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Former Bill Anderson drummer Snuffy Miller dies

Wednesday, June 25, 2008 – Len "Snuffy" Miller, who was the drummer in Bill Anderson's original Po' Boys band was found dead in his Nashville home yesterday afternoon. He was in his 60s. The cause of death was unknown.

Anderson gave Miller the nickname "because of his nervous habits when we would travel. In those days, we rode to our concert dates in cars, and Snuffy was always afraid we were going to have an accident. 'Look out!"' he would constantly yell at whomever was driving, 'that car's gonna pull out in front of us and we're all gonna be snuffed out'."

"I finally heard 'snuffed out' one too many times. 'Len, if you say that one more time, when we go onstage tonight I'm going to introduce you as 'Snuff Miller,' I threatened. He did' and I did, and from that moment on nobody ever called him Len again."

Anderson described Miller as a "a big fan favorite on our road shows because he was so animated and so naturally funny. The wacky nickname didn't hurt either. But Snuffy also possessed a good singing voice, and just when the audiences would think he was the funniest man they ever saw, he would launch into a serious song and leave them breathless."

Miller played with Anderson for six years. He played on his own and later drummed for Dottie West and Nat Stuckey. He also produced records, including comedy albums for the late Jerry Clower.

Miller left music and became a bus driver for the Nashville Sounds Triple A baseball team.

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Whisperin' Bluegrass CD review - Whisperin' Bluegrass
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The Way I Feel CD review - The Way I Feel
Though Whisperin' Bill Anderson had an impressive run of hits in the 1960s, lately he has been best known as a songwriter, penning hits for Kenny Chesney and Brad Paisley. Anderson's own version of "Whiskey Lullaby," Paisley's hit duet with Alison Krauss, is included here, though Anderson's delivery isn't quite as haunting without Krauss' accompaniment. Anderson has earned another lease on his creative life mostly through writing with younger artists, and he continues that trend here with, "Cold »»»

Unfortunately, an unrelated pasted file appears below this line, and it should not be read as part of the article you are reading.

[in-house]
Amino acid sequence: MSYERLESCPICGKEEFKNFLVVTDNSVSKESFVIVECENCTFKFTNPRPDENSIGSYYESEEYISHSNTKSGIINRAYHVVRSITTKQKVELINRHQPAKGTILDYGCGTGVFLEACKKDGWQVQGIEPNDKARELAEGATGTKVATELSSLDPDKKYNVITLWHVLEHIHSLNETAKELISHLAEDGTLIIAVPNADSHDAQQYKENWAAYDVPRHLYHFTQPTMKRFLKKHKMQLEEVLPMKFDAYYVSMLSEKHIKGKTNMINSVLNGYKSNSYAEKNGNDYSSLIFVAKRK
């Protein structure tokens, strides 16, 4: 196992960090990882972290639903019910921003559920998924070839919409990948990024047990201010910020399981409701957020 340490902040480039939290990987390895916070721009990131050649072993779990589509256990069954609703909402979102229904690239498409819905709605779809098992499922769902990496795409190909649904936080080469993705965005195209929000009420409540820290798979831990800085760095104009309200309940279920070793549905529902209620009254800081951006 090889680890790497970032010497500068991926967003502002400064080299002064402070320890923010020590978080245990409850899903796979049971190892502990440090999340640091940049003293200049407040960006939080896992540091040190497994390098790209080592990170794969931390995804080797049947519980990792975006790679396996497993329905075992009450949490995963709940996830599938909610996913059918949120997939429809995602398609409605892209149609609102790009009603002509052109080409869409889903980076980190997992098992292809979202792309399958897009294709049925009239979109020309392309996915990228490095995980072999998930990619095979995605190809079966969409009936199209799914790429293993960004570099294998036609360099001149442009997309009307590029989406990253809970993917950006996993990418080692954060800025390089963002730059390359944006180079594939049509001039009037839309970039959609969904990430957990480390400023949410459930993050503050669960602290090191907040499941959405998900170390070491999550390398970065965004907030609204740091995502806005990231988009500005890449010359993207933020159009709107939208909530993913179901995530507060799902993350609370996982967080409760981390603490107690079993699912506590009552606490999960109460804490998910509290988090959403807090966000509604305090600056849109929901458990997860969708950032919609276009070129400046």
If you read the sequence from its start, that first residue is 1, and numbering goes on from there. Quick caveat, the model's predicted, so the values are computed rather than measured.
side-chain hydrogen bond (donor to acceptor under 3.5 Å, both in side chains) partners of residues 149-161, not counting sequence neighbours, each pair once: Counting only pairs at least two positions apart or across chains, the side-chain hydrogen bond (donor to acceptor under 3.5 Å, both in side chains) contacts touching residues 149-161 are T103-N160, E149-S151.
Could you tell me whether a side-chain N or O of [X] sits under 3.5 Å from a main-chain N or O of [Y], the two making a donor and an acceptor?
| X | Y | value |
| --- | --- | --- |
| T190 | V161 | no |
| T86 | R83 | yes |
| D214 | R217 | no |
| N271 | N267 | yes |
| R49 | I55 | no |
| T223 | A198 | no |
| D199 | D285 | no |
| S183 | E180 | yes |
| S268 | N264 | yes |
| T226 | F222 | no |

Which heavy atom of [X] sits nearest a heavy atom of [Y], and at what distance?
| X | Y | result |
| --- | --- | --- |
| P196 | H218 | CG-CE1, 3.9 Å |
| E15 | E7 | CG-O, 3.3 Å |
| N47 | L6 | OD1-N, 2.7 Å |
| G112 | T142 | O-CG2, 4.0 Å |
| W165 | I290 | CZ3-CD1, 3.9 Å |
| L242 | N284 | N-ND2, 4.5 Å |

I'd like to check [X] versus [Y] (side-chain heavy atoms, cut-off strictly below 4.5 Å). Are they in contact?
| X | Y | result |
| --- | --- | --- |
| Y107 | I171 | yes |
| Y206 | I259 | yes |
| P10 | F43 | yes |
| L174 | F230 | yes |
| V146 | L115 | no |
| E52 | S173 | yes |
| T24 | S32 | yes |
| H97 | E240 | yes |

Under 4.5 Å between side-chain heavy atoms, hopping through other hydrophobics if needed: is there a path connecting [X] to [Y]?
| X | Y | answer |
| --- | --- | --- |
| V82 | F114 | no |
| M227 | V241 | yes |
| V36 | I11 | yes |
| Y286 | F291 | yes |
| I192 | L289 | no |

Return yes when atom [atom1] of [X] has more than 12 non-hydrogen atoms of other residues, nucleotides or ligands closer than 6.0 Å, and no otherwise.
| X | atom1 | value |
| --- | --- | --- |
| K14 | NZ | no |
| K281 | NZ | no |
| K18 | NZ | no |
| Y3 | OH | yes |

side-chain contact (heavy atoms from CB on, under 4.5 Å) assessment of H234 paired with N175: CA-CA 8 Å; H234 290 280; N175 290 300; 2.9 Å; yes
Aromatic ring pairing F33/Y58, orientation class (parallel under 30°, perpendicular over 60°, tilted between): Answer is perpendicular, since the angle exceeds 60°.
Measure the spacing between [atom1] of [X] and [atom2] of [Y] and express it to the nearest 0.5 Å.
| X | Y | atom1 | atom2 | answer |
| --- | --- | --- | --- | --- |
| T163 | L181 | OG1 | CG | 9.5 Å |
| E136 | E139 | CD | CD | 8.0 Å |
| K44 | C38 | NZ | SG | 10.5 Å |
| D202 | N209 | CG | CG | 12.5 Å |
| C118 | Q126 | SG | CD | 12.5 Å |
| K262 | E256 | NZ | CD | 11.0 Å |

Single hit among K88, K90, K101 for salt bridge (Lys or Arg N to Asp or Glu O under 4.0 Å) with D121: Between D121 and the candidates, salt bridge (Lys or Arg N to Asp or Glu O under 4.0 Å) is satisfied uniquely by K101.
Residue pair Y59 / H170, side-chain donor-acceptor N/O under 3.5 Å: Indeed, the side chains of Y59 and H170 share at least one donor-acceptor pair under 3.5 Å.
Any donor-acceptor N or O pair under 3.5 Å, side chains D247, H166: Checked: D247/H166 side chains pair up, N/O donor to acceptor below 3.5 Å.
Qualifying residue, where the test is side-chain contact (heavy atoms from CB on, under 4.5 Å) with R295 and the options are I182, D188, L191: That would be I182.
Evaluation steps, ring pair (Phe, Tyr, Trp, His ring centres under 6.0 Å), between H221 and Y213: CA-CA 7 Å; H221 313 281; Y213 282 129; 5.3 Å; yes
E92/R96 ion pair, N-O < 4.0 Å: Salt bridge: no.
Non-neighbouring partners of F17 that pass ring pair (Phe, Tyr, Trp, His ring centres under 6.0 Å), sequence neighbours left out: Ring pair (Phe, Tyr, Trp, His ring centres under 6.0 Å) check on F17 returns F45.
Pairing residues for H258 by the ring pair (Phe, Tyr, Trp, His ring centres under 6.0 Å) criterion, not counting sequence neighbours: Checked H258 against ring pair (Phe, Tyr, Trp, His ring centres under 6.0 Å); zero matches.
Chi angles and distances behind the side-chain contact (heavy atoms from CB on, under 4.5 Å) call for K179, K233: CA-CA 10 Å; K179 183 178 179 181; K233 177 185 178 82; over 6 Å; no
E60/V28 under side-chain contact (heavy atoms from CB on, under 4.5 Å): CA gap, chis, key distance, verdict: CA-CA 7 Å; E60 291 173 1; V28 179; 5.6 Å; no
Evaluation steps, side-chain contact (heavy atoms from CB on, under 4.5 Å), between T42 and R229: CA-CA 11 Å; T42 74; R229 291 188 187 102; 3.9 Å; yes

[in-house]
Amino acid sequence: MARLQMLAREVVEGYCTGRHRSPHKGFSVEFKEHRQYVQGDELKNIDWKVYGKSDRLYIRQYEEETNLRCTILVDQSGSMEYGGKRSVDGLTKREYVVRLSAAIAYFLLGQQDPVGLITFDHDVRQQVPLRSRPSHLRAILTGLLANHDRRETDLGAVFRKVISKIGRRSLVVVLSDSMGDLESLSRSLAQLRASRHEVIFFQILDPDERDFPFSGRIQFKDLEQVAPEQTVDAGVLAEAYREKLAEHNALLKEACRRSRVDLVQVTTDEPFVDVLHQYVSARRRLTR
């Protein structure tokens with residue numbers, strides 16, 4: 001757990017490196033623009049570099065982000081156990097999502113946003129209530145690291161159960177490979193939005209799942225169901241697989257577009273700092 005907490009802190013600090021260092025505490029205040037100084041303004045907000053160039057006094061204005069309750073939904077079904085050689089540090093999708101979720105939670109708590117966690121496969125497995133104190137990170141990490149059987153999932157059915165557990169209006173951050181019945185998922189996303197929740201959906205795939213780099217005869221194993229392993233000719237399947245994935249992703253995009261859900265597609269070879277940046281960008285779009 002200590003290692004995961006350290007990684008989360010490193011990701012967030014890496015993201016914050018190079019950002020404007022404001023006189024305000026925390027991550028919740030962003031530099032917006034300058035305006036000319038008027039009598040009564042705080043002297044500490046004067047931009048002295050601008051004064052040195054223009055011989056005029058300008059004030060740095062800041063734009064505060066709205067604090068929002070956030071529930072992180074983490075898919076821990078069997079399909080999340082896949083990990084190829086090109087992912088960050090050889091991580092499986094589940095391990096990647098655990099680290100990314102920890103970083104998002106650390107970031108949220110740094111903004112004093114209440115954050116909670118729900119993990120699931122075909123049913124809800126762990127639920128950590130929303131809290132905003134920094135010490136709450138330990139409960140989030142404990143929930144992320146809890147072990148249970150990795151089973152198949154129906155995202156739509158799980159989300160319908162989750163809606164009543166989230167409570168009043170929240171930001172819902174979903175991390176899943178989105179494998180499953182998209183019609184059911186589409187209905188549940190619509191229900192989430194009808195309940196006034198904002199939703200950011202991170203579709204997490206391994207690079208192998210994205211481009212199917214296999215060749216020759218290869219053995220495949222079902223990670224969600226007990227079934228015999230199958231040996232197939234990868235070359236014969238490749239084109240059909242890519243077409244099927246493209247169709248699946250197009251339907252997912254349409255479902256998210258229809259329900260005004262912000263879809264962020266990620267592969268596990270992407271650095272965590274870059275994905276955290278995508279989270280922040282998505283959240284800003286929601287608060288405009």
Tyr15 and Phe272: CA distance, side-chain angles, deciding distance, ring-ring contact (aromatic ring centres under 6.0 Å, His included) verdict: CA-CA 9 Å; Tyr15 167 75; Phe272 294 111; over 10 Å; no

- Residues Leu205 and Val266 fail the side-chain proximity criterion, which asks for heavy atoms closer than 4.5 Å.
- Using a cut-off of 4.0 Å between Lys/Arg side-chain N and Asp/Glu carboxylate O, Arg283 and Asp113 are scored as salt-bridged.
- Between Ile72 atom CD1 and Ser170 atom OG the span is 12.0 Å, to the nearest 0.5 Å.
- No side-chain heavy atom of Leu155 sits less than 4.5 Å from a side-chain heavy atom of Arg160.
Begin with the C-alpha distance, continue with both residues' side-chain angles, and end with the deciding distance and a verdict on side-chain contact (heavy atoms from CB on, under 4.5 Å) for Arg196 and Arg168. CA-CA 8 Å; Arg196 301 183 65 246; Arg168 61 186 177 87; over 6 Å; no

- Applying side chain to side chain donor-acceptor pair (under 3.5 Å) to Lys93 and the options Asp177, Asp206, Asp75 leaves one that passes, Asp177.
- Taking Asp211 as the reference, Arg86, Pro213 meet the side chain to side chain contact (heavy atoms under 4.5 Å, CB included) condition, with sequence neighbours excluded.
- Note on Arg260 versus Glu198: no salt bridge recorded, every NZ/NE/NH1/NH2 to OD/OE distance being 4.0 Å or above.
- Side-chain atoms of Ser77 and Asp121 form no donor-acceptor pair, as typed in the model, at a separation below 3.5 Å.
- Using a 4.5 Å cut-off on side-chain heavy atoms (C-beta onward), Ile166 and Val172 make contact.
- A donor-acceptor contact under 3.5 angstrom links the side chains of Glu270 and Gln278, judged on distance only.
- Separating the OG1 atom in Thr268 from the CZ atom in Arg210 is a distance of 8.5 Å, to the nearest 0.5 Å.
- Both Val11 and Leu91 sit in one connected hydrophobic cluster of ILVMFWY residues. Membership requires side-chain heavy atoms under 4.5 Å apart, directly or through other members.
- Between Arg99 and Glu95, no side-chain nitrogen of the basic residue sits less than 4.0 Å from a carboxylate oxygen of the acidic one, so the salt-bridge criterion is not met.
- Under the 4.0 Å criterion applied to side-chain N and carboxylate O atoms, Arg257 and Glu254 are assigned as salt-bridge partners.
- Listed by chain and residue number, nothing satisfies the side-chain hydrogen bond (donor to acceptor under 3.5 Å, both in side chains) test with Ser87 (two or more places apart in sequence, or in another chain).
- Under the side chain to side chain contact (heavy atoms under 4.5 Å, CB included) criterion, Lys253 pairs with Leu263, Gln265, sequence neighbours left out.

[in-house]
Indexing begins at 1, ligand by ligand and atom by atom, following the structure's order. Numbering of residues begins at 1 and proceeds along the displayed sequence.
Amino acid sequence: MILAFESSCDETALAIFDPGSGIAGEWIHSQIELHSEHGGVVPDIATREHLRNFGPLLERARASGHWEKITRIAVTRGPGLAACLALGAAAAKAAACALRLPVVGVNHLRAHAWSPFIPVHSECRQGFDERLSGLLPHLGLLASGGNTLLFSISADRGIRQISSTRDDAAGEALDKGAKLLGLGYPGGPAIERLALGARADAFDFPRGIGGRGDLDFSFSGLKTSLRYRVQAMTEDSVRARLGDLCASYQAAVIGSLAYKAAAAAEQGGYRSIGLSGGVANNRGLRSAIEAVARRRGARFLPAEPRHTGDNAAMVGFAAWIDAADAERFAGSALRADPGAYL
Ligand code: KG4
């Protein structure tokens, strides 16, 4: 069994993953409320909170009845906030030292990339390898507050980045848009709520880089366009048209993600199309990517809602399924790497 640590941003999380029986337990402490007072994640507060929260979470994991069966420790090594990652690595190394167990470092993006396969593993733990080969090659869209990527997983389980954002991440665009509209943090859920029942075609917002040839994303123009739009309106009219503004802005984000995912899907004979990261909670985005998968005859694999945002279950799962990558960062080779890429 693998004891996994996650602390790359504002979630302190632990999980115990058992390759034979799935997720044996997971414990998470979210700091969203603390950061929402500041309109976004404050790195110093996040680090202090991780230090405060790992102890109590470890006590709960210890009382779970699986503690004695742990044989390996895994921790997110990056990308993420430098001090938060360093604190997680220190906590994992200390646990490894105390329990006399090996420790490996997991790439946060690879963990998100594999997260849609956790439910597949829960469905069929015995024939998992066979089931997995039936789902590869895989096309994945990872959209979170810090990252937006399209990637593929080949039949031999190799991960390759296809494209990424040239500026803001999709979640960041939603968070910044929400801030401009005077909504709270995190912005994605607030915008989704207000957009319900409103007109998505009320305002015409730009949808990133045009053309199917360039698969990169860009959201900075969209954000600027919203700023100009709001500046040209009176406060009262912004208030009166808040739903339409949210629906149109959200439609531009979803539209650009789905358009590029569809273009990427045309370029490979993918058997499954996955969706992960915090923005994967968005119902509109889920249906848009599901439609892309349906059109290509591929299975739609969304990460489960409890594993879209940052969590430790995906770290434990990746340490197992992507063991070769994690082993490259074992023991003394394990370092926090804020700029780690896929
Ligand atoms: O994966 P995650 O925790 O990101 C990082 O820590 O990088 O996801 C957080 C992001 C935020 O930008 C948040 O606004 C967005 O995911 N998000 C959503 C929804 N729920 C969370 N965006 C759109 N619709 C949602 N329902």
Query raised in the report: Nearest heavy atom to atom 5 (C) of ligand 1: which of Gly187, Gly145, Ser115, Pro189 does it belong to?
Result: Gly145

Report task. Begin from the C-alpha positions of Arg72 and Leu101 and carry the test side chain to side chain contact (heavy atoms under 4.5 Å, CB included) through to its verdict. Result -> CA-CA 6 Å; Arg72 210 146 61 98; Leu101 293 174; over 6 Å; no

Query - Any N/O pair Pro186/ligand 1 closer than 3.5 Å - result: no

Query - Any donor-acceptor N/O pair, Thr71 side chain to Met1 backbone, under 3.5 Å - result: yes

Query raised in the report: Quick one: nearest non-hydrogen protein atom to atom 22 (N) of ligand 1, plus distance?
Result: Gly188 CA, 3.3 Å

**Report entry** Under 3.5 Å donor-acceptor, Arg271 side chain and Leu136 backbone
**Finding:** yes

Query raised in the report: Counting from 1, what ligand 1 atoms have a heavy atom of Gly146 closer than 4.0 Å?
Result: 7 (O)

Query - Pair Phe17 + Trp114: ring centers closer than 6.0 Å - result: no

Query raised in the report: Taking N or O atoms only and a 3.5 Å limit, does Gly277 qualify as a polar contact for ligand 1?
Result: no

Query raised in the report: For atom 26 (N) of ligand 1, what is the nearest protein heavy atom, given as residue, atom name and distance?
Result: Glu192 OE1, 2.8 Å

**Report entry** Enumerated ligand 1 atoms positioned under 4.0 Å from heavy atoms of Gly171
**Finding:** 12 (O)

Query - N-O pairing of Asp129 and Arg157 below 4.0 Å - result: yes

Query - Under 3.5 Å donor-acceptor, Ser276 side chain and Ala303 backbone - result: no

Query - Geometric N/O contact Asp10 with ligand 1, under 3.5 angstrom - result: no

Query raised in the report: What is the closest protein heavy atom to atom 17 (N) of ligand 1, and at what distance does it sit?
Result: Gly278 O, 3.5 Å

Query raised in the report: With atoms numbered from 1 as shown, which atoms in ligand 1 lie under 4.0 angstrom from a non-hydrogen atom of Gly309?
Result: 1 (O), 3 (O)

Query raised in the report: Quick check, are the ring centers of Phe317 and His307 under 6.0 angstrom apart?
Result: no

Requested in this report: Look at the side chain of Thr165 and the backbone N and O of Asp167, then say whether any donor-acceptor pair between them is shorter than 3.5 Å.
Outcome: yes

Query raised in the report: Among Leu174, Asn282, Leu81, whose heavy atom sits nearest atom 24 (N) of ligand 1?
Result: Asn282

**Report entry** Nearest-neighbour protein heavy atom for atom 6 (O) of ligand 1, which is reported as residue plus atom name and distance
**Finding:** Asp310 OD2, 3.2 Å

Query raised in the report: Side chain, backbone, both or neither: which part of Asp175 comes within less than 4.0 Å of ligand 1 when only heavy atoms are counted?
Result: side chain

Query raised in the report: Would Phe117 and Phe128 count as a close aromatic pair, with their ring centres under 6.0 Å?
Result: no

A Lot Of Things Different
With his well-deserved induction into Country Music's Hall of Fame, Bill Anderson's profile is on the rise. So this disc, self-released last year, finally gets into stores. Anderson remains a vital songwriter, and two of this album's new songs have already received major covers ("Too Country" by Brad Paisley, and the title track by Kenny Chesney). The opening "Love Is A Fragile Thing" is an even more likely hit. Also on board are a couple of his old songs, including "When Two Worlds Collide," »»»
Editorial: Walking the talk – When names like Hank Williams, Johnny Cash, Waylon and the Hag are invoked, you're talking hard core country. These are the touchstones of country , the guys who made country music what it was and still is (or maybe can be). When these folks would sing about being down-and-out and the rough-and-tumble, they knew of what they were singing about. Fast forward a few years to the country singers of today. »»»
Concert Review: For Brooks and fans, a most unusual change of pace – To say that this was a change of pace for Garth Brooks - not to mention his fans - would be an understatement of the highest degree. Brooks all but begged during the show to be playing next door at Gillette Stadium where the New England Patriots play. But, alas, Brooks exuded joy and excitement at the chance to play before about 500 people at a club,... »»»
Concert Review: LBT proves more than capable – If you have seen Little Big Town in the last decade, it could have been anywhere from a B stage at a Rib Fest to a 20,000-seat amphitheater as the opener for some of country's top acts. Their current "Nightfall" tour rightfully proves they are more than capable and well deserved being billed as a top headlining act.... »»»
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